Getting another cat

Asrais

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Two weeks ago today we said goodbye to my cat Raven. My other cat, Magpie, was adopted with her when they were both 12 weeks old. They weren't litter mates and weren't super bonded, but they tolerated each other, and sometimes even loved one another.
I know he misses her, even though he is doing well. Or at least he misses having another cat around. And frankly, even though I am still grieving, I feel the need to fill that gaping hole that Raven left.
So the question is, cat or kitten?
Magpie is 11, very chill, but untested with any cats other than Raven and Felix, who is the neighbourhood wanderer.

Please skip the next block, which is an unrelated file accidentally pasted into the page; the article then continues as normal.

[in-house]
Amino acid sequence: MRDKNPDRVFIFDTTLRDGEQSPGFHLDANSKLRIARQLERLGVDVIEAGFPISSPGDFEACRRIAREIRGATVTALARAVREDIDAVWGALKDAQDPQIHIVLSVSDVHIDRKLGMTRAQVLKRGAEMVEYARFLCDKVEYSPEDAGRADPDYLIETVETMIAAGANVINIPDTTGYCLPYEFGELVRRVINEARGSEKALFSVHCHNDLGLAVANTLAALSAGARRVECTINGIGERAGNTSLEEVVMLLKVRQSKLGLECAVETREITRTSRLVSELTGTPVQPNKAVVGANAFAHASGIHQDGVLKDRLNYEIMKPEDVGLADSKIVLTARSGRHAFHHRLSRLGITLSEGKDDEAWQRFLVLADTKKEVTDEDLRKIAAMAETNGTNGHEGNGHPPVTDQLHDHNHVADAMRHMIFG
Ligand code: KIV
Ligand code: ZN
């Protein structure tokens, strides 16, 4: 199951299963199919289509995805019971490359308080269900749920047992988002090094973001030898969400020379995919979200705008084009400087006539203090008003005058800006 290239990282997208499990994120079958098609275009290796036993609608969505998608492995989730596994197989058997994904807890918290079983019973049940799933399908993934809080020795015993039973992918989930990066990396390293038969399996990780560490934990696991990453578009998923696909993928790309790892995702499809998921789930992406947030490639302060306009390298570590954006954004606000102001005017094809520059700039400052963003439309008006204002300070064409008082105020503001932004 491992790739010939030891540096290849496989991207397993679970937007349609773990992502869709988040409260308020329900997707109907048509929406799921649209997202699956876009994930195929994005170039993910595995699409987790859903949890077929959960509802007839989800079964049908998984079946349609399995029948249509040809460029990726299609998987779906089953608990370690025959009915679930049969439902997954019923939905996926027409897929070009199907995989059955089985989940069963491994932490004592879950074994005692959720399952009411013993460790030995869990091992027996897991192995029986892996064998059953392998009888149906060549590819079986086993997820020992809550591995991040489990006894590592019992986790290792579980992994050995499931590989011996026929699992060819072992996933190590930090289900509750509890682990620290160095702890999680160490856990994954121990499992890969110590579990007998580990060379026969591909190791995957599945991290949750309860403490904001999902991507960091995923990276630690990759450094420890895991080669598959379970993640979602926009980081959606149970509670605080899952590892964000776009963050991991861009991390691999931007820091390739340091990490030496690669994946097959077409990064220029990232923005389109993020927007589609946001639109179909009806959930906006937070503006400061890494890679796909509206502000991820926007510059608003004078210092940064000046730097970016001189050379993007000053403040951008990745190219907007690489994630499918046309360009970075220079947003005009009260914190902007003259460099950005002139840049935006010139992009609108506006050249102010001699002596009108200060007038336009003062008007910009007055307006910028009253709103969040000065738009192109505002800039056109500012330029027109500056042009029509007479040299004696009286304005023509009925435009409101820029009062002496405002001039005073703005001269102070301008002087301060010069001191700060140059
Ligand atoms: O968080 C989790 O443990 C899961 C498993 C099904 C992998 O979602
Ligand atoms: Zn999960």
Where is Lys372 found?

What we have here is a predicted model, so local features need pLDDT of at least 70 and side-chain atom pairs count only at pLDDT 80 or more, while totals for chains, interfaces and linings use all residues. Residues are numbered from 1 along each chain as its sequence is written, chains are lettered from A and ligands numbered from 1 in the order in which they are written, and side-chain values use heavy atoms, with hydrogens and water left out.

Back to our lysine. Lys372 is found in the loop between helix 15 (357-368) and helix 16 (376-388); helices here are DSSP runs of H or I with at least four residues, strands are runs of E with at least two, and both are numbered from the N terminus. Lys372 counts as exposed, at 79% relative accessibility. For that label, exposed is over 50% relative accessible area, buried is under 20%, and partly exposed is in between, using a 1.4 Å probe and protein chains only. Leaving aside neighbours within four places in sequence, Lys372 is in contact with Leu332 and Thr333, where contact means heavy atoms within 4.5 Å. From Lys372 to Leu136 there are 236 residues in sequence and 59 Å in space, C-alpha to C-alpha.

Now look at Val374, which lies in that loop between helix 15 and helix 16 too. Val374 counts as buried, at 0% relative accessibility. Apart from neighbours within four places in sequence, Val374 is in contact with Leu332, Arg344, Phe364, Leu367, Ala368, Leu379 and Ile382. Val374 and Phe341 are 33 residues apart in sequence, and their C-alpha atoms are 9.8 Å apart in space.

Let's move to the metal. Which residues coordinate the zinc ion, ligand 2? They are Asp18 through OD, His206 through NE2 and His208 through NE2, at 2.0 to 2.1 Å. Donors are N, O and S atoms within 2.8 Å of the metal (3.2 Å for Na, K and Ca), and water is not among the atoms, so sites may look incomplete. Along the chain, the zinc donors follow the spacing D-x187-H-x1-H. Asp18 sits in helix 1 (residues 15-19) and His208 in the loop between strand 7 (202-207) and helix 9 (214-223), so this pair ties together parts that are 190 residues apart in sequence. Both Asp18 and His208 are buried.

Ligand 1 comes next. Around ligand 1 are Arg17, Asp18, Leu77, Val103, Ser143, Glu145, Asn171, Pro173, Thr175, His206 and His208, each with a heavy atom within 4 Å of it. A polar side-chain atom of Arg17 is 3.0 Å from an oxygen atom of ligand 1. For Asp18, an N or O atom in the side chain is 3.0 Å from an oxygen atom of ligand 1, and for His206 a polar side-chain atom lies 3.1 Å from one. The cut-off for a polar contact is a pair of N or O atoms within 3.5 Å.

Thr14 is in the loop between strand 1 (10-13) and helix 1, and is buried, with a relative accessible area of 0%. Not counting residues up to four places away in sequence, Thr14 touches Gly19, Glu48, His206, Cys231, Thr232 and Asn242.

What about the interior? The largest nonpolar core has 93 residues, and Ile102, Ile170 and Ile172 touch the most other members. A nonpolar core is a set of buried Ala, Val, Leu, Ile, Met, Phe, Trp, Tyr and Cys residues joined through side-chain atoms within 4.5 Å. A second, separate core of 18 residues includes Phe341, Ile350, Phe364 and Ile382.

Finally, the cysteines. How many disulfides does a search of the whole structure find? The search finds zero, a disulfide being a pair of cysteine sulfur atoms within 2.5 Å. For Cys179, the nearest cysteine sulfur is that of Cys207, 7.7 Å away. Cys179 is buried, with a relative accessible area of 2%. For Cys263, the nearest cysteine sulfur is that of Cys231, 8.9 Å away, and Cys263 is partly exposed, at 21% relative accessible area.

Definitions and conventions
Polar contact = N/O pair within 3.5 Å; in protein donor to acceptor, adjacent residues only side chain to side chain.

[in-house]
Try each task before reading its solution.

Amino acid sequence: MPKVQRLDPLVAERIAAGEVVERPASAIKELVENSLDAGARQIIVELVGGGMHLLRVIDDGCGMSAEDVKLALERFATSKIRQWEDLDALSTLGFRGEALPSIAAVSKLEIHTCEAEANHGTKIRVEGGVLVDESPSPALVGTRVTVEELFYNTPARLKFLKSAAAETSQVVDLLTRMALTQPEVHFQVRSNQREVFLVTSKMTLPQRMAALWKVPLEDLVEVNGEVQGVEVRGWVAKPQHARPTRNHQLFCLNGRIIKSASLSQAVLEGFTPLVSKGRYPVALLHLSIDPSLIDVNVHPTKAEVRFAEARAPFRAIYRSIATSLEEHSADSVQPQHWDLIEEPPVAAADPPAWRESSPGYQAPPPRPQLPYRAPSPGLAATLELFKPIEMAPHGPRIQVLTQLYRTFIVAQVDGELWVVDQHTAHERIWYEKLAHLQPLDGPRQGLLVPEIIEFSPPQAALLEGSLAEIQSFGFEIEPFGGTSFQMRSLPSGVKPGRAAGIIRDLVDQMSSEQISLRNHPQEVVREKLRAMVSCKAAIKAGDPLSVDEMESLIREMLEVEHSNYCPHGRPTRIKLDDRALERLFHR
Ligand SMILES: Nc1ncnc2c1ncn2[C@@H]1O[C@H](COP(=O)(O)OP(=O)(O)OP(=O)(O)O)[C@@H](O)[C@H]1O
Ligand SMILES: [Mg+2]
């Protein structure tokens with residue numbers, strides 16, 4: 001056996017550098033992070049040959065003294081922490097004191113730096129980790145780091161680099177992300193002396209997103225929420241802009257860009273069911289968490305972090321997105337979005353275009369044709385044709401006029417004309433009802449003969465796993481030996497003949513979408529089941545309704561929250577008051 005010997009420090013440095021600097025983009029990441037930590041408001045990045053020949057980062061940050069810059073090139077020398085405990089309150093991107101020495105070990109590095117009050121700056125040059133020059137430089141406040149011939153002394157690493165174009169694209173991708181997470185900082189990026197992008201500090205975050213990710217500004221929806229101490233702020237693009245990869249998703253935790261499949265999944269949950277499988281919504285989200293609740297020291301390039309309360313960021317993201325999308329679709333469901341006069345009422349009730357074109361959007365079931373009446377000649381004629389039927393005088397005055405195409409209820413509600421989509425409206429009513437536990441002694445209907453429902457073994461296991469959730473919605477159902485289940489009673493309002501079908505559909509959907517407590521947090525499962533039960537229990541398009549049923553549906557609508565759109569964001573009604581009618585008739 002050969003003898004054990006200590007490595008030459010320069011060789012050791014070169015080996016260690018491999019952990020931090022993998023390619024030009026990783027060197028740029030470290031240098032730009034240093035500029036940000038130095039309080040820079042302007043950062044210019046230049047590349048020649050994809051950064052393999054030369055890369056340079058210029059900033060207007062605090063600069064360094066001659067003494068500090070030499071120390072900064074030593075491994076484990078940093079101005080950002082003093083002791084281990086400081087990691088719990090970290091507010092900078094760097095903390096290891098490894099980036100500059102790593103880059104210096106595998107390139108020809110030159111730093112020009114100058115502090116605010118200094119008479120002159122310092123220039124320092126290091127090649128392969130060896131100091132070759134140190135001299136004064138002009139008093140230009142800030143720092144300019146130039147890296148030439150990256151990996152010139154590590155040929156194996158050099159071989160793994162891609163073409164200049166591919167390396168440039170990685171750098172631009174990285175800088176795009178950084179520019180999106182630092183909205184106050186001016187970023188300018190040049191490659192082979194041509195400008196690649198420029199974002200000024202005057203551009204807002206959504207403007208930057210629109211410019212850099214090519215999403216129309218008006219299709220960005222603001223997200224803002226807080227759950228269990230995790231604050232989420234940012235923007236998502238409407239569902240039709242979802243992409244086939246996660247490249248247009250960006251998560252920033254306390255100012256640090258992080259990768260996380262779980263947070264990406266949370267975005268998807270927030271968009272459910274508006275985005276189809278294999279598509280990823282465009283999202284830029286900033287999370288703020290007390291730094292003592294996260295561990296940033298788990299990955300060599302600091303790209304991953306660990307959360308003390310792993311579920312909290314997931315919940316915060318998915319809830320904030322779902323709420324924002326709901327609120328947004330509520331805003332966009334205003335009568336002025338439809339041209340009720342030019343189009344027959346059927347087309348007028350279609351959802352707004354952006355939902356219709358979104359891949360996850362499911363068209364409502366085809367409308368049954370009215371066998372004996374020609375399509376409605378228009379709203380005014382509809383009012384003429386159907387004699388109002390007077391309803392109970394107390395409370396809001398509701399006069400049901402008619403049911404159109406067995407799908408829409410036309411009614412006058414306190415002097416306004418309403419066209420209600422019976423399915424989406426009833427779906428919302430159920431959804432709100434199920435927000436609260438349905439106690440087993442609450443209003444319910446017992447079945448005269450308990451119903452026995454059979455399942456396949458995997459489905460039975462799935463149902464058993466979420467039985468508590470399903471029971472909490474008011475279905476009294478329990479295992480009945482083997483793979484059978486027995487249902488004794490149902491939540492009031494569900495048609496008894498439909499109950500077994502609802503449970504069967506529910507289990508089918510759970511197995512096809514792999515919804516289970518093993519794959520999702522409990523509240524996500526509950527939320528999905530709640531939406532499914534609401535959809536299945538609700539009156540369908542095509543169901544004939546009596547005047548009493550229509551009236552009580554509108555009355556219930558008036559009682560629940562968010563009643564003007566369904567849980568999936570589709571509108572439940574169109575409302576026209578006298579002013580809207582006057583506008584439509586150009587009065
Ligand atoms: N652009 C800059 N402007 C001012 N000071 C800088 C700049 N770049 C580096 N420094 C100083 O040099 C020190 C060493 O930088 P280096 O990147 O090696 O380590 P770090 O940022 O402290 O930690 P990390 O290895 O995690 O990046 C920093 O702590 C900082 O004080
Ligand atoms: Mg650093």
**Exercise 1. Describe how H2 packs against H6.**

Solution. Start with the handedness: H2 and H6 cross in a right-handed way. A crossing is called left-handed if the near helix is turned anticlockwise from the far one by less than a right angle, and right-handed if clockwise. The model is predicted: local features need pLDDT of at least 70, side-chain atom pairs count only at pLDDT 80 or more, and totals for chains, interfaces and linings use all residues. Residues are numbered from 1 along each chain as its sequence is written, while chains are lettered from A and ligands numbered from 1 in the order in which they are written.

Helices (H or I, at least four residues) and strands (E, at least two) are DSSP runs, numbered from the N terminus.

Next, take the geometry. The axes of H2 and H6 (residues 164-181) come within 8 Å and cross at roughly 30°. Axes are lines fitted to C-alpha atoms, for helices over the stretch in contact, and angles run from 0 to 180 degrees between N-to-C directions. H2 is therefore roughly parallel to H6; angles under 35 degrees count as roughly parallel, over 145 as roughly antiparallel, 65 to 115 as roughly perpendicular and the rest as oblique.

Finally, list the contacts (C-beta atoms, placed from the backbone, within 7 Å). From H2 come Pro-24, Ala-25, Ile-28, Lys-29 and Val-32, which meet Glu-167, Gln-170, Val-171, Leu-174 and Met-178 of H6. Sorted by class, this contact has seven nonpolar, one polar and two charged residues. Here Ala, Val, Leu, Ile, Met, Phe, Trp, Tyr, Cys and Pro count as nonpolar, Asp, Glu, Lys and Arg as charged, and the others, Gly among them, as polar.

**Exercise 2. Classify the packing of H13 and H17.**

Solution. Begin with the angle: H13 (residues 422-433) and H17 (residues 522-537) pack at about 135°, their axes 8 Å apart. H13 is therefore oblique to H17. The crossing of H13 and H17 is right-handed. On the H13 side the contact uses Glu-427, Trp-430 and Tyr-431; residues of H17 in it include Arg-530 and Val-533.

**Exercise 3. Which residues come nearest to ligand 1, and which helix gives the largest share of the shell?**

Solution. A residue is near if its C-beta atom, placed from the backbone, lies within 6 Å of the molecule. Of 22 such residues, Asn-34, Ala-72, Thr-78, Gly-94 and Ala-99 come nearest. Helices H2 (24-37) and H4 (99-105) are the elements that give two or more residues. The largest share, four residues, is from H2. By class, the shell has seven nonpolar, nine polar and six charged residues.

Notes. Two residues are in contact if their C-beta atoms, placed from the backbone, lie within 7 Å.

I also have Pip, a small dog, who has een around cats her whole life and 3 birds, 2 cockatiels and a budgie.
Magpie has grown up with the birds and has no interest in them, but I am worried that if I get an adult cat, they will hunt them. (no cats or dogs are allowed in the room when the birds are out, but the house is fairly open plan, so I would like to be able to trust them not to charge the cages.
I have a large cat run, a garden, no kids and I am home all day.
I am so confused, I would love a kitten, but I am afraid they would annoy Magpie. I would love to rescue an older cat, but I'm afraid they will eat my birds.
Any advice would be greatly appreciated.
 

Maria Bayote